Like “A River Runs through It,” this Lasse Hallström film incorporates fishing as metaphor, with shots of salmon, the river, and fly-fishing running intermittently through the narrative so that it becomes both a motif and a relaxing thread that ties it all together.
“Salmon Fishing in the Yemen” stars Amr Waked as Sheikh Muhammed, who thinks that fishing and spirituality are deeply connected and who loves salmon fishing so much that he built a castle in Scotland right on a river and has his guards wearing Scottish plaid. The sheikh has a dream of bringing salmon fishing to his native Yemen. Because of his admiration for the British, he seeks their help. But the email that eventually lands in the inbox of fisheries expert Dr. Alfred Jones (Ewan McGregor) gets a rather smug turndown. Unfeasible, he writes, in dismissing the project.
The sheikh’s crazy dream might have ended right there, had it not been for a succession of bombings and events in the Middle East that continued to give Great Britain a black eye. A positive story about the Middle East is desperately needed to draw the public’s attention away from the all the negative press. That’s what a press secretary for the prime minister concludes, and soon Patricia Maxwell (Kristin Scott Thomas) is putting the pressure on Dr. Jones’ boss at the National Centre for Fisheries Excellence to make him change his mind and work with a consultant (Emily Blunt as Harriet Chetwode-Talbot) who will handle the details. This could be the feel-good story they’re looking for, British and Yemeni interests working together. The sheik supplies the vision and the money, the scientist supplies the know-how, and the businesswoman makes it happen.
If only their personal lives were as easy as trying to import cold-water fish into a largely arid desert country. The sheik has his enemies, Harriet’s life becomes complicated when she has an affair with a soldier who’s subsequently sent to fight in Afghanistan, and Dr. Jones only has a marriage of convenience with a career-driven wife who spends more time out of the country than in it.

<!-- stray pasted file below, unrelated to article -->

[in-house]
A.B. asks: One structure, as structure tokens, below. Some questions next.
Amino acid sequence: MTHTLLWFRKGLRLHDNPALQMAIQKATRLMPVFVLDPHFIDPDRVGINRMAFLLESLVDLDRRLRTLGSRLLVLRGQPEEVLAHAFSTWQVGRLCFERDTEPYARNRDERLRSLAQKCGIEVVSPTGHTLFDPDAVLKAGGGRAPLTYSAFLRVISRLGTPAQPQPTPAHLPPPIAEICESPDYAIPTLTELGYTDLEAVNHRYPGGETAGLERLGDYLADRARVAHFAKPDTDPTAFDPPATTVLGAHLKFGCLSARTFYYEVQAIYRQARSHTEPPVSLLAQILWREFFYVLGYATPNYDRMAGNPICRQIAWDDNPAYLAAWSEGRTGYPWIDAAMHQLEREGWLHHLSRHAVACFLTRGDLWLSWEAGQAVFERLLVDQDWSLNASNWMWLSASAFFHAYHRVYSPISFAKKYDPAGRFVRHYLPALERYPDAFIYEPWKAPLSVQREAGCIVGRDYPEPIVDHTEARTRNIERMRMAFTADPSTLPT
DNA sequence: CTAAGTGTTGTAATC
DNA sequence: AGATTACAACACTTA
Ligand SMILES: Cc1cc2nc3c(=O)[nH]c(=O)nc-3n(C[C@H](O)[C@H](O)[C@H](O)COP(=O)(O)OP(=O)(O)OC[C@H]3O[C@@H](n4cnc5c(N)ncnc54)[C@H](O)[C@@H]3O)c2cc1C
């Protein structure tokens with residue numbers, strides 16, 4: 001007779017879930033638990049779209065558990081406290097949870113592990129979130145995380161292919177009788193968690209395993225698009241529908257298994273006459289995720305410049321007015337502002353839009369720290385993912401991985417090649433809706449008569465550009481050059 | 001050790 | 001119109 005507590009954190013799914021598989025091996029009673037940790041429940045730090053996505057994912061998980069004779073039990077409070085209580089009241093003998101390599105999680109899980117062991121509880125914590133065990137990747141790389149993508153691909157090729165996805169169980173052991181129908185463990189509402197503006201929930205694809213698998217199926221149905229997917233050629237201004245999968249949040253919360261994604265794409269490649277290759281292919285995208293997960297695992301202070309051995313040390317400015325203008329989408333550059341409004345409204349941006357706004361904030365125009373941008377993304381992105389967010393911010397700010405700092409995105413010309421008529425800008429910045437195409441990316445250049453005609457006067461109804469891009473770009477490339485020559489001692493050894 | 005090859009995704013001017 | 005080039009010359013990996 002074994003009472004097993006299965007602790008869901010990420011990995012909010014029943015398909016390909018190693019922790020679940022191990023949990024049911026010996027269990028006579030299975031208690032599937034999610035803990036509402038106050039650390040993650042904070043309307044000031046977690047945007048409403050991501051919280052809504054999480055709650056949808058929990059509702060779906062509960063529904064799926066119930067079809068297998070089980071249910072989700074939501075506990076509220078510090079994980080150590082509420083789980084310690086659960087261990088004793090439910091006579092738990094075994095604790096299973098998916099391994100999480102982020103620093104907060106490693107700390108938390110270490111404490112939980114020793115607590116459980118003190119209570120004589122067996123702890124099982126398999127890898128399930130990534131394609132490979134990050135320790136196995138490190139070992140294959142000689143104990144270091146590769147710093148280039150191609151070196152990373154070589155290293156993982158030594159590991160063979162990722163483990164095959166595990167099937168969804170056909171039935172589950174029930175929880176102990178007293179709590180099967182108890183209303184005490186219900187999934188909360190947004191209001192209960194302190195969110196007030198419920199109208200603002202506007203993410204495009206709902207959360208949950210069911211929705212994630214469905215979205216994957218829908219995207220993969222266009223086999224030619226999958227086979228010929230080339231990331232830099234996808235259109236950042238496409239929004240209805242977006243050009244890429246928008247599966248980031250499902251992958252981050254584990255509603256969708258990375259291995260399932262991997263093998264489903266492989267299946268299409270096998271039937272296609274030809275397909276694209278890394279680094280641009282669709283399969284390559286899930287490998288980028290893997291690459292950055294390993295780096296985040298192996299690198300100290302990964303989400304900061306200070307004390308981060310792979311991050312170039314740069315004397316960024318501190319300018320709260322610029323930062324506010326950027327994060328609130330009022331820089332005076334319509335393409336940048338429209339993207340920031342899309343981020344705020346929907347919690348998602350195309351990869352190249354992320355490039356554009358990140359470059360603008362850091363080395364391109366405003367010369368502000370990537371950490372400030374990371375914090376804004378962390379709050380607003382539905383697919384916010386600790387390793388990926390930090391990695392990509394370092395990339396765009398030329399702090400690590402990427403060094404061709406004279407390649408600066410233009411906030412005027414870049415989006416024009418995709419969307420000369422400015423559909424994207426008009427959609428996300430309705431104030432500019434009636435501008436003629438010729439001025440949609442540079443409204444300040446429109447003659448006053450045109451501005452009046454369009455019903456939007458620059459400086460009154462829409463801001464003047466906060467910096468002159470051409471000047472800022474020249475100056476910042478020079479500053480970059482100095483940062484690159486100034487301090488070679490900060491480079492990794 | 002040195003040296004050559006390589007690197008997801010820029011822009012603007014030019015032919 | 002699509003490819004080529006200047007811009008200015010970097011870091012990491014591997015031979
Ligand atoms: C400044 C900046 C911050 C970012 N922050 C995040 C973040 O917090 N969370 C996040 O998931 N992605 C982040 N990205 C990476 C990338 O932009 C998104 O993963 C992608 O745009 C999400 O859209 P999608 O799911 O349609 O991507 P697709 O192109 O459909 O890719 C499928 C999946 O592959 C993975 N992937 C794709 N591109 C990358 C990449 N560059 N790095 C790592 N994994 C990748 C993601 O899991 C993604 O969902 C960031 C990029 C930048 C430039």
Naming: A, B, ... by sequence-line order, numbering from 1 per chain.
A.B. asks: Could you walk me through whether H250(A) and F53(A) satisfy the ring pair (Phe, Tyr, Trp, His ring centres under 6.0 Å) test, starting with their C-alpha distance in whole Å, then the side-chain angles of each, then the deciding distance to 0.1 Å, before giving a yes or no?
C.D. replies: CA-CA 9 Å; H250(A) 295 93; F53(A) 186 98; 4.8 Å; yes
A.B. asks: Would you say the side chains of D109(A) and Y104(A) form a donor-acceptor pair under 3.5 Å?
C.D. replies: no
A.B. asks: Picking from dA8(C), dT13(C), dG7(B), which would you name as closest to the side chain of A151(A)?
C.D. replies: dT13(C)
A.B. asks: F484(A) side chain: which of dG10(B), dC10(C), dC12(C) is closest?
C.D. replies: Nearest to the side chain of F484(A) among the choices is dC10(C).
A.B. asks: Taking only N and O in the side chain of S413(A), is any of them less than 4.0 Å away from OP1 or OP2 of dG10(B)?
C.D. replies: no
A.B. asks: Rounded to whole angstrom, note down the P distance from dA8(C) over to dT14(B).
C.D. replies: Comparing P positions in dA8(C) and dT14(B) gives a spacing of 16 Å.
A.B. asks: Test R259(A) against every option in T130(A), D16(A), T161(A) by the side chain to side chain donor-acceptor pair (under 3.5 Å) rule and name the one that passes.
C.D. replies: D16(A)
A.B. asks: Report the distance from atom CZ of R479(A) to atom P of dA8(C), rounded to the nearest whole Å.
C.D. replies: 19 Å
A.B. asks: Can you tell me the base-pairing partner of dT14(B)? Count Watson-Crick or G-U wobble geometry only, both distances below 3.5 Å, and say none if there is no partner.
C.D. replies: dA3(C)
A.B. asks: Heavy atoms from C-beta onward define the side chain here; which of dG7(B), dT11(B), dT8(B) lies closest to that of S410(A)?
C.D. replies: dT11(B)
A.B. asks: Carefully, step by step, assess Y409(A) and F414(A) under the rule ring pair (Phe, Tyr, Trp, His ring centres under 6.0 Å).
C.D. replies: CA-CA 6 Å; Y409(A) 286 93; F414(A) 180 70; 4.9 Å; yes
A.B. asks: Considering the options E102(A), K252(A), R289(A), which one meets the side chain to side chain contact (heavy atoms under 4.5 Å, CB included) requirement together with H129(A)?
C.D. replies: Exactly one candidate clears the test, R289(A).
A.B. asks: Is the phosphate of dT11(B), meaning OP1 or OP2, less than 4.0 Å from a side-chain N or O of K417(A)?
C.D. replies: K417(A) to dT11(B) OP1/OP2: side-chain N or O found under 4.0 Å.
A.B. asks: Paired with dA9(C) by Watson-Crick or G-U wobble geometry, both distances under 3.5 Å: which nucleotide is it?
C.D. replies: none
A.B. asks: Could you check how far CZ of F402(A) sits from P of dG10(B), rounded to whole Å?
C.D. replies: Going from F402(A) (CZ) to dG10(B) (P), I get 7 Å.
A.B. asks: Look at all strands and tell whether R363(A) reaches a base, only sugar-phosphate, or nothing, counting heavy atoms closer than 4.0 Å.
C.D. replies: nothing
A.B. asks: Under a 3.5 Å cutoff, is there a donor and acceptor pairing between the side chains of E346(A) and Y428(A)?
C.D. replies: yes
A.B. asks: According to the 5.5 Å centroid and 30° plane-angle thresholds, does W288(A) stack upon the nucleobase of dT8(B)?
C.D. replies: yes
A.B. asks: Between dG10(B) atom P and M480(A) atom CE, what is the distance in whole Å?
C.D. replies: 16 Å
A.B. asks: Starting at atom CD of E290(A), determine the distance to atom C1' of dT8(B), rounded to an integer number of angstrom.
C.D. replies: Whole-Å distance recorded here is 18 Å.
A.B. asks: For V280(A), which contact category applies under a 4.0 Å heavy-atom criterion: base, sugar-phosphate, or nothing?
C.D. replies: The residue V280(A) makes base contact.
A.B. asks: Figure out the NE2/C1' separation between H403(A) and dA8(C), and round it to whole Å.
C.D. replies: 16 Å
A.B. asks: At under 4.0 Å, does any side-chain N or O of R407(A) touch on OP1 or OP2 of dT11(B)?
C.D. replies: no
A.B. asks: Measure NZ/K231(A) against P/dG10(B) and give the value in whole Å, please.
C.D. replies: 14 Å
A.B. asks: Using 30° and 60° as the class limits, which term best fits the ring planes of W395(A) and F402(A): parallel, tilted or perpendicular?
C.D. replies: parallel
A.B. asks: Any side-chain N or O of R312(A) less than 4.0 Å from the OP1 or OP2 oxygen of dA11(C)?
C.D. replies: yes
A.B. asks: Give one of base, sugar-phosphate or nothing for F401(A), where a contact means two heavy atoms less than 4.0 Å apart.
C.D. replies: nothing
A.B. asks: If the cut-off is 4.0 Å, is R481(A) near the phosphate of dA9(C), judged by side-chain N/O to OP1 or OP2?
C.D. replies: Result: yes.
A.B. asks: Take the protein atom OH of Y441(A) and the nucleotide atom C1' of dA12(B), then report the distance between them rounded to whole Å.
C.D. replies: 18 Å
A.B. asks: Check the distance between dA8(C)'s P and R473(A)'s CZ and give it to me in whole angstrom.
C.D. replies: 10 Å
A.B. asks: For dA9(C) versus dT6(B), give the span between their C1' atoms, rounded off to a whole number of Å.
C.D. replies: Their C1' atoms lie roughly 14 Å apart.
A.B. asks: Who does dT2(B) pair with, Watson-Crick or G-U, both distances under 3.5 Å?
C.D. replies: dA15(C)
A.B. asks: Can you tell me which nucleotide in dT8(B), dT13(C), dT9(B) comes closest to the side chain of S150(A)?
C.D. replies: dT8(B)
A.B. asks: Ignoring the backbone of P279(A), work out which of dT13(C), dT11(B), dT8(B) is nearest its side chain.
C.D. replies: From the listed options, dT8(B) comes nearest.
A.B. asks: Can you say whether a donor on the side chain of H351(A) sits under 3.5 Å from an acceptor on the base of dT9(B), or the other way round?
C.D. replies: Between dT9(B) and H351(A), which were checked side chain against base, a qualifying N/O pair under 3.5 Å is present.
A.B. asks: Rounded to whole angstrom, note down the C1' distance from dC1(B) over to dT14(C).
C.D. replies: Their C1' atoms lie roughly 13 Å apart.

Though “Salmon Fishing in the Yemen” feels like one of those based-on-a-true-story films, it’s really a film version of the best-selling novel by Paul Torday—one which satirized Britain’s post-colonial politics and posed such questions as “Can money buy everything?” and “Can politics fix nothing?”
The acting is solid and the special effects okay, but it’s the cinematography by Terry Stacey (“50/50,” “Adventureland”) that seals the deal. Interesting angles, a nice balance of long shots and point of view photography, and successful underwater segments give the film the kind of visual appeal that makes so many scenes satisfying to watch. Faith, serenity, dreams, possibilities, duty and honor, love . . . and fishing. “Salmon Fishing in the Yemen” somehow ties them all together, and without so much as a kink in the line.
Sony’s AVC/MPEG-4 transfer to a 50GB disc is a good one, with nary a hair out of place. The level of detail is superb, black levels are decent, and in all the exterior shots filmed in Morocco there’s a surprising richness, with only a slight softness to some scenes. Otherwise, the colors are uniformly rich, and skin-tones natural. I saw no artifacts. “Salmon Fishing in the Yemen” is presented in 2.40:1 aspect ratio.
The featured audio is an English DTS-HD MA, with subtitles in English, English SDH and Spanish. Like the film, the audio is understated, driven mostly by dialogue and by a quiet musical backdrop. Ambient sounds are surprisingly rich and active, though the mix suffers when center-speaker dialogue competes with the other speakers. The bass only grows thunderous on several occasions, and I’ll not spoil the plot by saying any more than that.
In “Miracles Happen: Making Salmon Fishing in the Yemen” (13 min.) we get a pretty standard behind-the-scenes walk-through of how the film was adapted from the novel and cast, how the locations were selected, and what various cast and crew members’ experiences were during filming. The only other bonus feature is a very brief “Fisherman in the Middle East: Novelist Paul Torday” interview (3 min.) in which the writer talks about his version and how it made the leap to another medium.
“Salmon Fishing in the Yemen” is billed as a comedy, but it’s really a drama with wink-wink humor running through it like the gentlest of currents. While the ending gets a little cheesy and it comes with all the subtlety of a burst dam, there’s enough here to satisfy most lovers of foreign and independent films.